The thoracic impedance cardiogram was measured using a commercially available system. All measurements were made with a 50 KHz, 100 μA current source applied to the torso using 25 cm long strip electrodes. The corresponding voltage drop was measured using metal-disk electrodes. It was found that these electrodes gave a better correlation with the microwave signal than the strip electrodes, which are more commonly used for ICG measurements. This is related to the fact that the intensity profile of the microwave beam is Gaussian, and hence decreases with increasing radius from the center of the beam. Strip-shaped voltage electrodes would be better suited to a uniform illumination intensity with no radial-dependence.
The phonocardiogram was measured with a commercially available, silicon-based analog accelerometer module. This module measured about 1-inch on a side, and weighed 10 grams. It was powered by a 12 volt DC power supply, and has a sensitivity of about 200 mV/G, where G is the acceleration due to gravity, 9.8 m/s2.
For most measurements, the transmitted power level was between 50 μW and 1 mW. The typical distances between the subject and the horn antenna were in the range of 0.3 m to 1.0 m, which is in the far-field of the horn (longer distance measurements were also made, up to 5 m, as discussed later). Using the calculated single-mode Gaussian beam pattern of the horn, this resulted in a power density of ≦0.1 mW/cm2, incident on the subject's chest. The issue of safe RF power exposure levels has been extensively studied experimentally and theoretically over the past several years, primarily due to concerns related to the increased use of modern telecommunications and computer equipment by the general public. The general consensus is that RF exposure is safe at low power levels. The currently accepted Maximum Permissible Exposure (MPE) for spot illumination in the range of 18 GHz is about 25 mW/cm2, as set by the IEEE Standards Coordinating Committee 28. The power levels used for the measurements reported here are at least 200 to 1000-times lower than the MPE, and hence are considered very safe.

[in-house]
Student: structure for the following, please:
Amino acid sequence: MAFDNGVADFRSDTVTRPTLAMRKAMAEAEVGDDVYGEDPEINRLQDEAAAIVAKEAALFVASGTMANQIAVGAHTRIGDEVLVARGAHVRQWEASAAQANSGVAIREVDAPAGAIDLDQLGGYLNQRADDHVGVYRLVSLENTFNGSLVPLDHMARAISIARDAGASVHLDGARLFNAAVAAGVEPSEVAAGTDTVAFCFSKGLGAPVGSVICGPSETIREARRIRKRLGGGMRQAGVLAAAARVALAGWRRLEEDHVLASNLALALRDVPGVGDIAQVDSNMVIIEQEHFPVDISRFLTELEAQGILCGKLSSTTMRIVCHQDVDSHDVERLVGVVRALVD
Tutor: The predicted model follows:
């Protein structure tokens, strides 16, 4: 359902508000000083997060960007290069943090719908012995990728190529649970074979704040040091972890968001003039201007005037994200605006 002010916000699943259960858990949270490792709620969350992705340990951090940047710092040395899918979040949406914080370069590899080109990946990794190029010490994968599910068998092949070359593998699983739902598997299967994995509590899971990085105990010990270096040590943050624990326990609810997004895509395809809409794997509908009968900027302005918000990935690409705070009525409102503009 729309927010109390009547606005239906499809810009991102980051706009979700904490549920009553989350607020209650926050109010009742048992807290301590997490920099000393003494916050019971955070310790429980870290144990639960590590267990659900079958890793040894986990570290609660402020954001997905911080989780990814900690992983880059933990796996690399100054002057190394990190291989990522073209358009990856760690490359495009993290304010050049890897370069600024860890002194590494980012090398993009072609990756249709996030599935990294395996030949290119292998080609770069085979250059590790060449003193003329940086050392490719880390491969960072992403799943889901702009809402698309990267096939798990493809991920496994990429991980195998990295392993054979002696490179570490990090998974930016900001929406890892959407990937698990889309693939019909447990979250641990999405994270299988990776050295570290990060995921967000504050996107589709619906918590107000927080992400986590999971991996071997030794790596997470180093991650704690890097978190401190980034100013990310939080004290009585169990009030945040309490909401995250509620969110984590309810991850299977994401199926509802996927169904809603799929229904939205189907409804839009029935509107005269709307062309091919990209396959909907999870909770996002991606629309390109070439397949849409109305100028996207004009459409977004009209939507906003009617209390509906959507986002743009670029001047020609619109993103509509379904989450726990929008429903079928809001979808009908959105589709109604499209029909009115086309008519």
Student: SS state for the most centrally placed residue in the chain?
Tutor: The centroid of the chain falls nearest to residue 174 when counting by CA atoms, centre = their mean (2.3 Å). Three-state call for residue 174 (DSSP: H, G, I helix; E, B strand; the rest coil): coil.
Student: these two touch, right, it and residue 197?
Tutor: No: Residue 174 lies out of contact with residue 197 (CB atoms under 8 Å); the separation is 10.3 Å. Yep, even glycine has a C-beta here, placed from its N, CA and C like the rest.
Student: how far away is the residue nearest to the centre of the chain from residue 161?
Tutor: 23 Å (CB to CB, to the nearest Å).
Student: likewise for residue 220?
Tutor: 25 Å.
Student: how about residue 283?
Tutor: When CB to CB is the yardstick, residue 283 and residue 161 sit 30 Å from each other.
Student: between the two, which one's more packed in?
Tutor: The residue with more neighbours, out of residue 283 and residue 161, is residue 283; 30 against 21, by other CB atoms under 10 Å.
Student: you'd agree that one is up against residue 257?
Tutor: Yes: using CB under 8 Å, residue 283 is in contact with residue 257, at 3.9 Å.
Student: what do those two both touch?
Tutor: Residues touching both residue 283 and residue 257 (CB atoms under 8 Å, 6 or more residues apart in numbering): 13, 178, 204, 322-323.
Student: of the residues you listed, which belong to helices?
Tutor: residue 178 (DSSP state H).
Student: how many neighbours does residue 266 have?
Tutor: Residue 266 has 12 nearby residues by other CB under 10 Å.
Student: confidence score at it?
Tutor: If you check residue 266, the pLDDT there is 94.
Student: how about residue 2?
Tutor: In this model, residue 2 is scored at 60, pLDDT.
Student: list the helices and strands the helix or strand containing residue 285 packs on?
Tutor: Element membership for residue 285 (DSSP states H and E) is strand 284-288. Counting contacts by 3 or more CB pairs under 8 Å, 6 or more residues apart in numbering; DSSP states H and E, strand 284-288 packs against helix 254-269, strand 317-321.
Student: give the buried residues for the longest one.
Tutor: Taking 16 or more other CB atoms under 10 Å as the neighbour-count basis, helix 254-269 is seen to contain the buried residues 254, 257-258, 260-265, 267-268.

The ability of a remote-detection system in accordance with the present invention to operate through structures or debris is dependent upon the materials composing the structures or debris. Many materials such as bricks, wood or cinderblocks are transparent to electromagnetic signals of frequencies in the ranges described above. However, water in concrete and the presence of metal can interfere with the signals received by the remote-detection system.
In other embodiments, remote-detection systems in accordance with the present invention can be used to monitor neural or muscular function. In addition, a remote-detection system could also be used as a monitor for sudden infant death syndrome or for sleep apnea. The applications of the remote-detection system also include exercise equipment, where the remote-detection system can be used to monitor pulse and/or respiration during an aerobic workout. In all instances the remote-detection system is placed a distance from the subject and measurements are made without the need for contact between the system and the subject. The applications of the remote-detection system are not limited to human subjects or human tissue. The devices and principles described above can be equally applied to detection and monitoring of other mammalian life forms.
As discussed above, remote-detection systems in accordance with the present invention can work effectively at varying distances from the subject, including considerable distances. It may be advantageous to use different distances between the subject and the remote-detection system. In a disaster scene where a remote-detection system is used to locate trapped subjects, it may not be possible to locate the remote-detection system close to the subjects to be detected. The distance between the subject and the remote-detection system may also be varied to obtain a different strength and/or width of reflected electromagnetic beam or to focus on a more specific portion of the body to the exclusion of signals returned from other portions.
Further analysis of the reflected microwave signal reveals that it also contains evidence of some of the characteristic features found in an electrocardiogram. As discussed earlier, an electrocardiographic signal was collected simultaneously with the microwave signal, with contacting electrodes placed on the chest, in the area illuminated by the microwave beam.